What Will Keep Microgrid Development Trending Upward in 2016?

Jan. 5, 2016
A Google Trends analysis indicates that interest in microgrid development is on the uptick. Here are some of the events ahead that we think will keep it rising in 2016.

Activity on Google indicates that interest in microgrid development is on the uptick. Google tracks how many people search on a term and charts the interest over time.

Below is a Google Trends graphic that shows an impressive rise in interest in the term ‘microgrid’ over the last several years.

What will keep the line trending upward in 2016? A lot of new microgrid development that is being planned worldwide, but particularly in the U.S., which Navigant Research says still leads the market.

Watch for news of these events, in particular.

The New York State Energy and Research Development Authority is expected to release its second solicitation in the $40 million NY Prize in the first quarter of 2016. This phase offers up to $1 million per community to help with detailed microgrid planning.

In last year’s first phase, the NY Prize garnered an overwhelming response. The state chose 83 projects which each received $100,000 to conduct feasibility studies. Those projects and others may apply for additional funds offered through the second solicitation. As scheduled now, the second round of proposals will be due in the spring.

Meanwhile, Connecticut is offering $30 million in microgrid funding. The Department of Energy and Environmental Protection (DEEP) issued the request for proposals (RFP) in November and started accepting proposals in December on a rolling basis. The state has already funded 11 microgrids from two earlier project solicitations.

Microgrid-related companies also might want to keep an eye on another solicitation that Connecticut’s DEEP plans to issue this year. The RFP will seek energy storage, renewables and passive demand response projects. The state is seeking the resources to improve grid reliability, especially during the winter when New England tends to be heavily dependent on natural gas, which sometimes causes sharp spikes in electricity prices. Bid winners will be eligible for power purchase contracts that can run up to 20 years. DEEP issued a draft of the RFP in  late December and plans to release the final version January 28. Proposals will be due March 31, under the pending schedule.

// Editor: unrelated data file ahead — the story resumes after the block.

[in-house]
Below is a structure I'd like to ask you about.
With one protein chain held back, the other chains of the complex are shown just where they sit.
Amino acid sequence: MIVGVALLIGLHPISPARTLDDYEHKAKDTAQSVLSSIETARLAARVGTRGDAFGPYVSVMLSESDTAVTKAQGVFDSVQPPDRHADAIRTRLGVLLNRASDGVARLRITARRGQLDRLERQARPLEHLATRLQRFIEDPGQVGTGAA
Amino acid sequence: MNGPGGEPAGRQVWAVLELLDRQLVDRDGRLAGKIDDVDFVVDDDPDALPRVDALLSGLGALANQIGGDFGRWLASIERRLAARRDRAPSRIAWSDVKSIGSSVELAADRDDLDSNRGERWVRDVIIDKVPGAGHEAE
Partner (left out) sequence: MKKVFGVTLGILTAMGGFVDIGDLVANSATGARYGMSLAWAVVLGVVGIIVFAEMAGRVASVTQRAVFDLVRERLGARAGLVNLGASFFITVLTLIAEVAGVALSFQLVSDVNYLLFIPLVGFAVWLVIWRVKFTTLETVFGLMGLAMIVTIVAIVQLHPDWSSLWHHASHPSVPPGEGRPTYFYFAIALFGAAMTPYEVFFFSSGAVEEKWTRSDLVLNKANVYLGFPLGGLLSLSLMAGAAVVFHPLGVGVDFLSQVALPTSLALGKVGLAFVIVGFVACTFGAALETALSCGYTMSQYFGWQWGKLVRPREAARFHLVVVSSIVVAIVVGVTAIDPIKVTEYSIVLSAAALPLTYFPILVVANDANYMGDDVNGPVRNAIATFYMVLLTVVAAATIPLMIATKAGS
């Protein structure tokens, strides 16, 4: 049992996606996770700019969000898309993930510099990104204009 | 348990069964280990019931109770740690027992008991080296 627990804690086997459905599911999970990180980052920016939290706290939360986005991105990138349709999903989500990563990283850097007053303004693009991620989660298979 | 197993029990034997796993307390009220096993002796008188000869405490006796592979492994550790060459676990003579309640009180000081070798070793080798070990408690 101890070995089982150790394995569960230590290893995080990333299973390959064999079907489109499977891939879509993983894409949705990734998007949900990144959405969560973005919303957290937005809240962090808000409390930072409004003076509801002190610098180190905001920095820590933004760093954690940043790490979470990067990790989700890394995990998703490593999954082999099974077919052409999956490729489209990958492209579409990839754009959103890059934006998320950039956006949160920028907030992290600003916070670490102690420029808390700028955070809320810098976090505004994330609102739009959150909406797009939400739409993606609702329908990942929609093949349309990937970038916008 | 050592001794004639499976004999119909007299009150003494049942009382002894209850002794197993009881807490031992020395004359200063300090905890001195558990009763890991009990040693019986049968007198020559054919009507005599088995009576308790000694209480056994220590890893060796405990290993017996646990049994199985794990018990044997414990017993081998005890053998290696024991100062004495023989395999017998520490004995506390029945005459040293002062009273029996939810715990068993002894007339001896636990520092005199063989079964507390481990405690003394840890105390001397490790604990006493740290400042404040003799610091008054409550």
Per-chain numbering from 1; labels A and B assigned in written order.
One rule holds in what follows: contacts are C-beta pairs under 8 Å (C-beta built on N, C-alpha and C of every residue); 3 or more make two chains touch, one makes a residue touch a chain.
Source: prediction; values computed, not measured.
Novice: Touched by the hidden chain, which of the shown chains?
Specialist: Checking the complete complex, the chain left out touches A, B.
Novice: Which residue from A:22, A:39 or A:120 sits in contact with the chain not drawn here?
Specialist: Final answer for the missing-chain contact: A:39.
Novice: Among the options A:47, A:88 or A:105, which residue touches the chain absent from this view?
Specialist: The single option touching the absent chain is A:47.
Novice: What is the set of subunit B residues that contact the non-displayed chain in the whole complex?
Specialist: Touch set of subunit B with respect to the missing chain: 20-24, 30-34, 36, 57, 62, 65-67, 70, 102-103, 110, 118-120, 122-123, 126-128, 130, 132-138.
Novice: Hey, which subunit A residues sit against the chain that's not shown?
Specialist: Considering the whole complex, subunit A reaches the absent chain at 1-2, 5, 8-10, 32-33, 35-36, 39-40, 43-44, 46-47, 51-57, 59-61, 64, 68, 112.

On the federal level, we are tracking an energy bill being pushed by Sen. Lisa Murkowski (R-Alaska) and another by Rep. Fred Upton (R-Michigan). The bills may be merged into one comprehensive energy bill that attempts to modernize the grid. Murkowski’s version, in particular, does a lot to advance microgrid development.

Both New York and California have major energy regulatory proceedings underway to integrate distributed energy into the grid. These makeovers are likely to pave the way for more microgrids.

In Massachusetts, the Department of Public Utilities is considering utility grid modernization plans, which include a pilot microgrid proposed by National Grid.

This year could also bring pro-microgrid legislation in Illinois, where Commonwealth Edison hopes to win funding for six microgrids.  Regulators in Pennsylvania have approved approved a $50 to $100 million in spending by PECO Energy on microgrids. In Maryland, Baltimore Gas & Electric has launched a plan that could bring public purpose microgrids across the central part of the state.  Hawaii and Alaska continue to be meccas for microgrid development. Our sources tell us microgrids are in the works in just about every state now.

This is just a sampling of the microgrid development we’ll be watching in 2016. We encourage you to check back with Microgrid Knowledge daily to keep up on the news. And let us know what microgrid developments you’re watching — please post in the comments below or on the Microgrid Knowledge Linkedin Group.

On a final note, not all ‘hot’ energy industries are seeing this same uptick in interest on Google. I leave you to ponder two final charts that show  search activity trends for the terms ‘smart grid’ and ‘solar,’ which appear to be going the wrong way.

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About the Author

Elisa Wood | Editor-in-Chief

Elisa Wood is the editor and founder of EnergyChangemakers.com. She is co-founder and former editor of Microgrid Knowledge.

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